It was the opening 60 years of book design in St.Gallen on the 16th of June, 2011 at AIGA National Design Center, featuring a great master Rudolf Hostettler (the editor of Typografische Monatsblätter from 1951 through 1981) and master Jost Hochuli with his students works.It was the first time I met Jost Hochuli in person after talked with him via Skype for NEWWORK MAGAZINE issue 5. He greeted me with a warm smile. At the age of 77, he was still full of energy, he explained about the book twice in English and in Germany.
After party we had dinner together and he explained “Simplicity not only has to be timeless but special. We don’t have to follow the rule but we must know the rule. When we break the rule we must have a reason.”
On the next day we went to MET and on the way, I offered Hochuli a seat. He said “I am not that old.When someone offers you a seat means that you are getting old.” At the MET he turned be my tour guide, he explained the art work with a great passion. He pointed to painting of Benjamin Franklin’s and he said he was a typesetter. His stories were very inspiring. During the lunch time he explained “I have never planed to design a beautiful book, the most important is the function how people look at it.”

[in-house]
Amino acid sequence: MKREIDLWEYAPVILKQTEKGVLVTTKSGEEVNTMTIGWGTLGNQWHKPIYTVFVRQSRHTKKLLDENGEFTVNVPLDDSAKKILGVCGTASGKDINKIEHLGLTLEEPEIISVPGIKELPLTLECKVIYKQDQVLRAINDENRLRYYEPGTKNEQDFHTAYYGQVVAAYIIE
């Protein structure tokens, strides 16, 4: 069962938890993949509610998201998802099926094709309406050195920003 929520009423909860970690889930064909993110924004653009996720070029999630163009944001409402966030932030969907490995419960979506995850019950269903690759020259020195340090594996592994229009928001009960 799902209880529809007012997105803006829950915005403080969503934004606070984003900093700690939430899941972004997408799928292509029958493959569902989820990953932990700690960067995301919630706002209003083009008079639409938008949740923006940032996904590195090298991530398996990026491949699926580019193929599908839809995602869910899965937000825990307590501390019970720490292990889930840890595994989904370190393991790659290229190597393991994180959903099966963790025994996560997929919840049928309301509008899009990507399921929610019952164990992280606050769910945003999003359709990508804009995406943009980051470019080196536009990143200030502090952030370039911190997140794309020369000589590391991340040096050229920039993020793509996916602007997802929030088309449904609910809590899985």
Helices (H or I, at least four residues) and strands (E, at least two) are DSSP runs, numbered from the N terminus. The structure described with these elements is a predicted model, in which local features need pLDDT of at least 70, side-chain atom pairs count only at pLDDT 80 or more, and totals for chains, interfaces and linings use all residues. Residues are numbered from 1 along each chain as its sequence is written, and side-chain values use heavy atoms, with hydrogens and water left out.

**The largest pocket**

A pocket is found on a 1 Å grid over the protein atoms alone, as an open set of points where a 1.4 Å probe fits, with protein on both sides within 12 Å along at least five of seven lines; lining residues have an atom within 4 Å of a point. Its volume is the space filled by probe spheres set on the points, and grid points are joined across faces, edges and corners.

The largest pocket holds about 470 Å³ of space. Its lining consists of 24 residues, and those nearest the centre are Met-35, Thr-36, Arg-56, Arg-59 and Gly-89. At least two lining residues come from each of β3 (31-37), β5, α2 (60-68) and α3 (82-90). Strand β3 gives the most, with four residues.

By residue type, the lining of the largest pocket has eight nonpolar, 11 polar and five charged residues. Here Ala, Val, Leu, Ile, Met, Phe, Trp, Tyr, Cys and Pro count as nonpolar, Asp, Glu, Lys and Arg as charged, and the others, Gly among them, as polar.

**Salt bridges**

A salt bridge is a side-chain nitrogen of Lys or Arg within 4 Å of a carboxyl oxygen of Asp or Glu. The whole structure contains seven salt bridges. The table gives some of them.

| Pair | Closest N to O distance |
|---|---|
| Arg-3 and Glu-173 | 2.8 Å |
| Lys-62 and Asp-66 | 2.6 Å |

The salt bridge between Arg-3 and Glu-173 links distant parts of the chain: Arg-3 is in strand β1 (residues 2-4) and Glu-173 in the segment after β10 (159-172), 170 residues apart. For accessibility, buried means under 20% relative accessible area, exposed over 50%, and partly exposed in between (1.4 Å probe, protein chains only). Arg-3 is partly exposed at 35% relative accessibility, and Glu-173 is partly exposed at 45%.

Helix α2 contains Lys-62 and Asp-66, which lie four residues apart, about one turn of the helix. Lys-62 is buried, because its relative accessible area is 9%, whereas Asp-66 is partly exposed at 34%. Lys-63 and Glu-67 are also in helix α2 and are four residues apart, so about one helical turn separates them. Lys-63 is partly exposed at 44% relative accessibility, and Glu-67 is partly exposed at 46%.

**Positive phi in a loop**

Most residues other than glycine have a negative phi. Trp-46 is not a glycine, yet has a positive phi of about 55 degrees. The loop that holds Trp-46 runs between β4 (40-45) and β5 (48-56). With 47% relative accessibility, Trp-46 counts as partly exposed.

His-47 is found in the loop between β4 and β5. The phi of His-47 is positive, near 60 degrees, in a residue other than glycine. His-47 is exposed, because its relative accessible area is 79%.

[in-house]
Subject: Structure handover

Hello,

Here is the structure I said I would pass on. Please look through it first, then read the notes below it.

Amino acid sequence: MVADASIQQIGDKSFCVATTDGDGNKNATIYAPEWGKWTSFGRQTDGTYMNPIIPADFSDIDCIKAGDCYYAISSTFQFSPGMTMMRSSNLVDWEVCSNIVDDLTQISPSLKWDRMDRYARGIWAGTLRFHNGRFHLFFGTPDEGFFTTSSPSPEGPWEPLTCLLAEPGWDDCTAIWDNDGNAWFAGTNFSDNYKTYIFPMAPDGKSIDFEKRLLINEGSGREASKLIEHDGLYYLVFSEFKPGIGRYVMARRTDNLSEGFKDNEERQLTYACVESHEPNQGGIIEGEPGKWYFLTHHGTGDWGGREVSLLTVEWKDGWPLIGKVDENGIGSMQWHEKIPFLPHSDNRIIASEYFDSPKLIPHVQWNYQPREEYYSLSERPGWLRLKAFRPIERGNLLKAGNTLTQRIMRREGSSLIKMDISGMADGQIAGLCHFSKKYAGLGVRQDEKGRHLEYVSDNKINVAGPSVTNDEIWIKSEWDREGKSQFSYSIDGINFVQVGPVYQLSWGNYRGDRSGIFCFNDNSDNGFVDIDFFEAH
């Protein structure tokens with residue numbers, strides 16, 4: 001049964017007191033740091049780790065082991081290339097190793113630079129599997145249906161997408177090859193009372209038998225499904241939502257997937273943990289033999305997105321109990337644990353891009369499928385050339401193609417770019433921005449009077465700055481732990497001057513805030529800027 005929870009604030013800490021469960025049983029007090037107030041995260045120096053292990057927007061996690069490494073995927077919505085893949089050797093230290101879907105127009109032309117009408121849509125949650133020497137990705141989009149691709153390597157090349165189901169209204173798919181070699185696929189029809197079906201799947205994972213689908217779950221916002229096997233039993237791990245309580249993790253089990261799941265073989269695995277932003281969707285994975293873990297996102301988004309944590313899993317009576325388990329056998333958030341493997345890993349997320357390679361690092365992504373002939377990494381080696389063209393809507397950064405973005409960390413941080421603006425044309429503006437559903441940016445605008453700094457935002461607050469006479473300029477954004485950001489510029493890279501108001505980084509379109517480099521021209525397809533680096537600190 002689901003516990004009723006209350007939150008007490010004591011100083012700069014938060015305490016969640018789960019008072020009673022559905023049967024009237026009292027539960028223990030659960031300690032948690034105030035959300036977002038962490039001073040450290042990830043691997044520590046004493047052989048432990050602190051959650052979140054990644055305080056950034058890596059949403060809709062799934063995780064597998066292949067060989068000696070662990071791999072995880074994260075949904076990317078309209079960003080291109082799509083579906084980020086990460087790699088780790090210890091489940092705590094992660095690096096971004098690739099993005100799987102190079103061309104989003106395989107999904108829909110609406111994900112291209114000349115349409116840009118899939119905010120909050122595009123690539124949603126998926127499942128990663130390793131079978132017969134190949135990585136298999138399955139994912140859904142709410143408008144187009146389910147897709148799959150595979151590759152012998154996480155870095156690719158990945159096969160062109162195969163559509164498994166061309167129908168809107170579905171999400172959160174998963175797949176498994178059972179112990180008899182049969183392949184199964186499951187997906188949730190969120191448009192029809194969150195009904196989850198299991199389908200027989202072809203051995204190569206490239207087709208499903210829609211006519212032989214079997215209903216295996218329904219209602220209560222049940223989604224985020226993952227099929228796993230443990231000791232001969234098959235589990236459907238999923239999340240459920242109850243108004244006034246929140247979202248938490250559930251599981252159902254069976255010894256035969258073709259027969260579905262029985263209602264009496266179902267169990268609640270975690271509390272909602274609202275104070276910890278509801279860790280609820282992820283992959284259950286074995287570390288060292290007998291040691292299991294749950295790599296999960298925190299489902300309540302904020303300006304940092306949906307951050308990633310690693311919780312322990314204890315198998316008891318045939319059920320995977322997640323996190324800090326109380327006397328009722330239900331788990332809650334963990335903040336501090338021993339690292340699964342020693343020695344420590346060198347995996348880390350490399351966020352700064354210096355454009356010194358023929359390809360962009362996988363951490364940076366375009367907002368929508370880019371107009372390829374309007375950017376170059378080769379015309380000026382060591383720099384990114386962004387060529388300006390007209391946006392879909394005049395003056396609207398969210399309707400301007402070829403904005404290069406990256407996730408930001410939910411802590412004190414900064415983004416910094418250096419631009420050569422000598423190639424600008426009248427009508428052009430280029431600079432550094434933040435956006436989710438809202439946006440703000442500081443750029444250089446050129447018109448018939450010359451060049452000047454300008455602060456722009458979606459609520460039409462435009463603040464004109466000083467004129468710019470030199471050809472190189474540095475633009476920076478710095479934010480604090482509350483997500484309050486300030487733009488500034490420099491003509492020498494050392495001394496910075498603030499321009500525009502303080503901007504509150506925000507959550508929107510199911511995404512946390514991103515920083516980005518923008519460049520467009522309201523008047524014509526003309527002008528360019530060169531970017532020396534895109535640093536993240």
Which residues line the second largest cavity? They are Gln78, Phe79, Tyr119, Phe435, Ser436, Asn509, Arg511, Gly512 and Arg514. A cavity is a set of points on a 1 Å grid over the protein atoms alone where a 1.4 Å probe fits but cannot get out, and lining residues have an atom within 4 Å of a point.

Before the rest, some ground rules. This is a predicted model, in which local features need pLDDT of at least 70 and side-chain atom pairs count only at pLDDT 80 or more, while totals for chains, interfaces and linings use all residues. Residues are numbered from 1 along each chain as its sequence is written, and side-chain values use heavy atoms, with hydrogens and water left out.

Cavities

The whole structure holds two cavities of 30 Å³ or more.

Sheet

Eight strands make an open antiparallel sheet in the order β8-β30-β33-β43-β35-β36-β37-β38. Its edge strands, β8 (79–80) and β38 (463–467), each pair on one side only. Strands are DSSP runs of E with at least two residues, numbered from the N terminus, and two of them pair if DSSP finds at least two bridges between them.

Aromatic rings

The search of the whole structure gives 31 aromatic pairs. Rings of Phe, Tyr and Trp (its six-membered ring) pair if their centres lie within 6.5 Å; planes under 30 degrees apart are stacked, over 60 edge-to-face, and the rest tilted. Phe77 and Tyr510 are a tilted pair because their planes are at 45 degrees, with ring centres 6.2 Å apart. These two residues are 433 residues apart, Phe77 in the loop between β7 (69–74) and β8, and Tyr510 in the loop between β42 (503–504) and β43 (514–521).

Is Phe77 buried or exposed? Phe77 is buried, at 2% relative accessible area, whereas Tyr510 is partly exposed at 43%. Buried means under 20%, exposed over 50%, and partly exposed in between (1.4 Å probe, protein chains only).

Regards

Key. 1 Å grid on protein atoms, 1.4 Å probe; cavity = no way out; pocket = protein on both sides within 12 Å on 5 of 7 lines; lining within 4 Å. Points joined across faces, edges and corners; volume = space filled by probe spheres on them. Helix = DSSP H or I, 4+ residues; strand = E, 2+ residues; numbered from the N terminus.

At that night, Jost Hochuli, Roland Stieger and Swiss miss spoke about Type Town: 60 years of book design in st.Gallen, Switzerland. I was honored to be a special guest for his lecture. He explained about his design philosophy. I have always inspiring by Asymmetry and symmetrical design. I found a new way to see and design. St.Gallen wasn’t influence with neither Basel nor Zurich design. Their design has no dogma.
I spent couple days with him and I am not only inspired by his design but his attitude. He mentioned that he still need to read and learn different kind of literature. At the age of him, he is still hungry of learning. He said he still want to live 20 years more to learn. I wish he would have a long live ahead.
I have featured of his book design. It always nice to see his design. It’s elegant but yet very warm to look at it.
Pictures via Roland Stieger